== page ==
Fernanda Fragateiro & Haleh Redjaian on view at valerie traan_gallery

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Fernanda Fragateiro & Haleh Redjaian on view at valerie traan_gallery
Fernanda Fragateiro, 6 de Maio (fragmento 1), 2019.



ANTWERP.- Fernanda Fragateiro (1962, lives and works in Lisbon) and Haleh Redjaian (1971, lives and works in Berlin) share some common interests. Such as: poetry, weaving, architecture (or: text, textile, tectonics), and their mutual interactions. As well as the (mostly hidden) histories of female artists and architects in the modern avant-garde. Trough working with these female modern legacies within their own respective practices, both artists try to understand these better, and make them visible.

A common inspiration for the exhibition MY DREAM NEVER HAS WALLS on view at valerie_traan is Lotte Stam-Beese (1903-1988): an architect, urban planner and photographer. Born in German Silesia (now Poland), Lotte Beese enrolled as a student at the Bauhaus in Dessau to study weaving. Prejudices about women studying subjects that were dominated by and previously reserved for men, led female students into branches that were considered ‘feminine’. When Hannes Meyer succeeded Walter Gropius as director, Beese became the first woman to study in the building department. During the interwar years she worked consecutively in architect’s offices in Berlin, Moscow, Charkov, Brno, and Amsterdam, and married Dutch architect Mart Stam. After their divorce she kept the name because this affiliation could give her a head start as an independent female architect in the Netherlands. From 1946, as chief-architect at the Agency for Urban Development and Reconstruction of Rotterdam, Stam-Beese worked on several (social) housing districts around the city. On the one hand, she kept on working with the universalist, rational principals of Functionalist architecture. On the other hand, she developed concepts (e.g. ‘neighborhood’ and ‘cluster’) to integrate notions of locality, diversity, complexity into her architectural grids.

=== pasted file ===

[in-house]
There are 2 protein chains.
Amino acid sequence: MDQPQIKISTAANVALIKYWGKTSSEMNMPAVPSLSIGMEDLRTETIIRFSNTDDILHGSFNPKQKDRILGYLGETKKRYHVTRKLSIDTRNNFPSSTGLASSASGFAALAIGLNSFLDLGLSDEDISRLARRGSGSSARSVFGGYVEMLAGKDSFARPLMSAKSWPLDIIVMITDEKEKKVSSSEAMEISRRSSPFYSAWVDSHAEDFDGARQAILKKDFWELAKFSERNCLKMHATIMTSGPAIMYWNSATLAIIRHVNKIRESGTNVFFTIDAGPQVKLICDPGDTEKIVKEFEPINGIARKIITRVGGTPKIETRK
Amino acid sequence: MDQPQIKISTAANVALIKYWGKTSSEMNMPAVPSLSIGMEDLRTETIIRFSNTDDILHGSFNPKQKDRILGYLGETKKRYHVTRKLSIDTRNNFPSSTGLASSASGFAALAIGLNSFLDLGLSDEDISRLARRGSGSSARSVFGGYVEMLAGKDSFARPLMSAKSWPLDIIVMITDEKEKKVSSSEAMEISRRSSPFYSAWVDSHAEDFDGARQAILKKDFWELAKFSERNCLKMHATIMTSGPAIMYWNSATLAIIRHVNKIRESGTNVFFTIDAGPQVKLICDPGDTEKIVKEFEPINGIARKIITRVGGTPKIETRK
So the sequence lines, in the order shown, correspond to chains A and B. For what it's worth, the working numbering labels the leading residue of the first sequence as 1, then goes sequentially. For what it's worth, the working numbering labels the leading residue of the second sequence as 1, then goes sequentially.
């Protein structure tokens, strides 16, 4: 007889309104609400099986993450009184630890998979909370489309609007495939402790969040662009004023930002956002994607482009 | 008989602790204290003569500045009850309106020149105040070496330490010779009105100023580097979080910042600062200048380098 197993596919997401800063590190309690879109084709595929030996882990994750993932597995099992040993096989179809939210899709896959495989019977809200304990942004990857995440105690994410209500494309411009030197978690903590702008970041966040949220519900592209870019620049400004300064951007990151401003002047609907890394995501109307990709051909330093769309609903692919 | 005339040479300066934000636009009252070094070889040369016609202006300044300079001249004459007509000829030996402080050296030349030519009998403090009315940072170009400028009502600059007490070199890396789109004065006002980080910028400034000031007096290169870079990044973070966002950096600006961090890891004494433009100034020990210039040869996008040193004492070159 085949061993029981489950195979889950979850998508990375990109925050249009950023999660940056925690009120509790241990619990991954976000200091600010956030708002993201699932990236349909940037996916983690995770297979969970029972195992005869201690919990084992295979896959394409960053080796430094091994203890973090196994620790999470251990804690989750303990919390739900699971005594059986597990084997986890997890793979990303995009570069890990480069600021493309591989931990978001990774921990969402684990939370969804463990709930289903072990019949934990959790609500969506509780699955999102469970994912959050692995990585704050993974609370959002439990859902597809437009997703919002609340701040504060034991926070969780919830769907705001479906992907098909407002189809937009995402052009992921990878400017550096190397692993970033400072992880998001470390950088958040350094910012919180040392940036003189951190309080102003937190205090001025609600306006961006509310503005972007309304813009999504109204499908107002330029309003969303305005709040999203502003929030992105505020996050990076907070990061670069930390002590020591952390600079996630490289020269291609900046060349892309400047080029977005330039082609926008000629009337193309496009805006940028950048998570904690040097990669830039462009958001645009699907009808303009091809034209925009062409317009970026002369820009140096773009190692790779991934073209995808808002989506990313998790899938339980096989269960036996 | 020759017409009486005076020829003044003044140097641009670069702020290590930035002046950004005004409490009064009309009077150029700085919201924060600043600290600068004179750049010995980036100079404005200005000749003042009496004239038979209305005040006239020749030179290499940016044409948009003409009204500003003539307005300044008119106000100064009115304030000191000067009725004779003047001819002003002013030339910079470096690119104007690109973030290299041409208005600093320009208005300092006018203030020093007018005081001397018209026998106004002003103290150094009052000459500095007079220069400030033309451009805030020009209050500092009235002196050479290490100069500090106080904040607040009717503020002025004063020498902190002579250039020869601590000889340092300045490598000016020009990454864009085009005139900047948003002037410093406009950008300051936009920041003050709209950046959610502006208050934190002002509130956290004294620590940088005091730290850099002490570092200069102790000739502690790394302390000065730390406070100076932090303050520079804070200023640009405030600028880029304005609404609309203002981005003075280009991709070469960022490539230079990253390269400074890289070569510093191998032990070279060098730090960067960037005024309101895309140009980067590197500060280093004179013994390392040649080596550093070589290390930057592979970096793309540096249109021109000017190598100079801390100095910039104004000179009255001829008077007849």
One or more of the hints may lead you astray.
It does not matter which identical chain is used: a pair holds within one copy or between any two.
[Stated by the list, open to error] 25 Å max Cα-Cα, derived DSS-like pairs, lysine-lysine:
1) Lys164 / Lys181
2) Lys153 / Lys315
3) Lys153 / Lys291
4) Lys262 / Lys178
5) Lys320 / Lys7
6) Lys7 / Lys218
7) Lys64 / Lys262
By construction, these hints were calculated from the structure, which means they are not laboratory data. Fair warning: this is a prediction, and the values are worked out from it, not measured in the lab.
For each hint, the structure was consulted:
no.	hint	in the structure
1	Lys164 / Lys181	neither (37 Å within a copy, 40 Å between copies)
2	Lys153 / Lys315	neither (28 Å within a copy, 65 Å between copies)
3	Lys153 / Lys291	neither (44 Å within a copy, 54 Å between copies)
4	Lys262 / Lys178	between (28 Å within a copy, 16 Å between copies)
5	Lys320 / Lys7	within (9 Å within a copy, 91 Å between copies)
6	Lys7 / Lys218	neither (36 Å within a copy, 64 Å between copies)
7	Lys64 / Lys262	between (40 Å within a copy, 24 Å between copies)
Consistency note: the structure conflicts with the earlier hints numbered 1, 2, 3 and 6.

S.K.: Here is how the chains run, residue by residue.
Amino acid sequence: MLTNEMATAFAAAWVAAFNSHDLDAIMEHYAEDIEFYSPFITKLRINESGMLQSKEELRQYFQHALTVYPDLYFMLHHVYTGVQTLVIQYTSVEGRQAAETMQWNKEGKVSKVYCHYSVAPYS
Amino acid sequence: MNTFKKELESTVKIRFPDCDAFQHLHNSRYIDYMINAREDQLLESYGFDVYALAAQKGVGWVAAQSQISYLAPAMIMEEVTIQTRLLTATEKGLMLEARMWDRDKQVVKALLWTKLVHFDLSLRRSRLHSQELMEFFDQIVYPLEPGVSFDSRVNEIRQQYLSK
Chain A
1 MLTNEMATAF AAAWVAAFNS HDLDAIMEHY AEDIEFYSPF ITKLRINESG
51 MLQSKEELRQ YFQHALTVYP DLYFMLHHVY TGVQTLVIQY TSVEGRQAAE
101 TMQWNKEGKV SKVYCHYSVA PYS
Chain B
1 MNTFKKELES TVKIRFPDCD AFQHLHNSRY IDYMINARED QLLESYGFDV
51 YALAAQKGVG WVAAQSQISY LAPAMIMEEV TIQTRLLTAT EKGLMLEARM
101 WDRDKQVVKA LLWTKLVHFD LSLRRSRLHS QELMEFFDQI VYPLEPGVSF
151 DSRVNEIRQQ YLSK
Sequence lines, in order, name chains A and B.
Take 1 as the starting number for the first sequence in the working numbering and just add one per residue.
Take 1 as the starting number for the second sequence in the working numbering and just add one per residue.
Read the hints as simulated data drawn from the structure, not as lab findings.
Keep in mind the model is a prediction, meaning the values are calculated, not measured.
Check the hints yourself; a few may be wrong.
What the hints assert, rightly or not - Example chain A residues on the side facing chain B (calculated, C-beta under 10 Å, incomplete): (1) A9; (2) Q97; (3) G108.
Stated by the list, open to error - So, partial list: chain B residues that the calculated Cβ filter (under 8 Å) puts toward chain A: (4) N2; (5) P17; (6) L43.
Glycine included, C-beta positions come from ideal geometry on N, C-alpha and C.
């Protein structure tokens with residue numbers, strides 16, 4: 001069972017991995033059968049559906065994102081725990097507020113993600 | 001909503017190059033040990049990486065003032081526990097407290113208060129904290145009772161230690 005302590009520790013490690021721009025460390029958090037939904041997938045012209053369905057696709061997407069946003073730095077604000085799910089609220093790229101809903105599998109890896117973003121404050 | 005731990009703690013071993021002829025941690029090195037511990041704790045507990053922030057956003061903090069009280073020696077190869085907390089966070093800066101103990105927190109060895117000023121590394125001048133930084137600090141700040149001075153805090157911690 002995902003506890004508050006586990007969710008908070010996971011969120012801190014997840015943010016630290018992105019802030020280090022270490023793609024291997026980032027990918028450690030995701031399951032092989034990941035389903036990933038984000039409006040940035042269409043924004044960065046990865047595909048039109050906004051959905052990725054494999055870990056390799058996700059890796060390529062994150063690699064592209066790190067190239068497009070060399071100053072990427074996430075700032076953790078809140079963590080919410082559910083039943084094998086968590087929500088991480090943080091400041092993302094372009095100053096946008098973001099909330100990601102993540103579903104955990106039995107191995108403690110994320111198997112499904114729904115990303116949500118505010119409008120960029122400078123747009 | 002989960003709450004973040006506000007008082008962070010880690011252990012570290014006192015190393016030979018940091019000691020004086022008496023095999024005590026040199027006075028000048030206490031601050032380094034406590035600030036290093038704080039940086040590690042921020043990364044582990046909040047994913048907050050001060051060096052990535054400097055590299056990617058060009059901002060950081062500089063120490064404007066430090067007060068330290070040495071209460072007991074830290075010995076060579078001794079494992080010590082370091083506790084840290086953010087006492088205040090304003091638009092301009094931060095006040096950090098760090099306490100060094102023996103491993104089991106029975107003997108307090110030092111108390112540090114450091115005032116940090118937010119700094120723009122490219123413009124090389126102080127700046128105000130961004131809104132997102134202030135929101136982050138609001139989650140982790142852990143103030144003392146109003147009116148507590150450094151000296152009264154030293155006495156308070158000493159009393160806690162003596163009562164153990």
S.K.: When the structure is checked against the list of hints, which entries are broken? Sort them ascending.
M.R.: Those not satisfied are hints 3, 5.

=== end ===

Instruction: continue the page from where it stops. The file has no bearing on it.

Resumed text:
Plans by Lotte Stam-Beese for social housing served as a point of departure for both artists. While Fragateiro started a series of sculptures derived from the layout of one particular apartment, Redjaian based drawings and collages on plans of a larger, urban scale. However different their respective mediums and approach, both artists started from some grid, pattern or rhythm they’ve discerned in their source material.

As a consequence, works by both artists are characterized by a tension between the abstract and the concrete. A plan of a city or a house entails relations with the concretely built environment, defined by the laws of projective geometry, which are simultaneously very precise and extremely abstract and derived. That is a challenge any architect is confronted with: the whole creative process is so terribly indirect. But in the years during and after World War I, a lot of avant-garde artists – led by the Constructivists in the Netherlands and in the young Soviet Union, as well as some protagonists of Bauhaus – saw geometric abstraction not as a problem but as an opportunity: to take a distance from what they considered as the existing remnants of failed cultures (be it traditional, nationalistic and/or bourgeois). They dreamed of constructing the universal patterns, rhythms and connections of a new, modern society. Meanwhile we know better. Many modern utopias failed bitterly. Even some parts of Lotte Stam-Beese’s buildings around Rotterdam, built to heal the wounds of war, are already demolished. Nor is it clear whether the building she designed in the Ukrainian city of Charkov survived bombing.

What to think of contemporary art that takes inspiration of, or re-uses, those seemingly obsolete modern grids or patterns? What is at stake? What is happening here?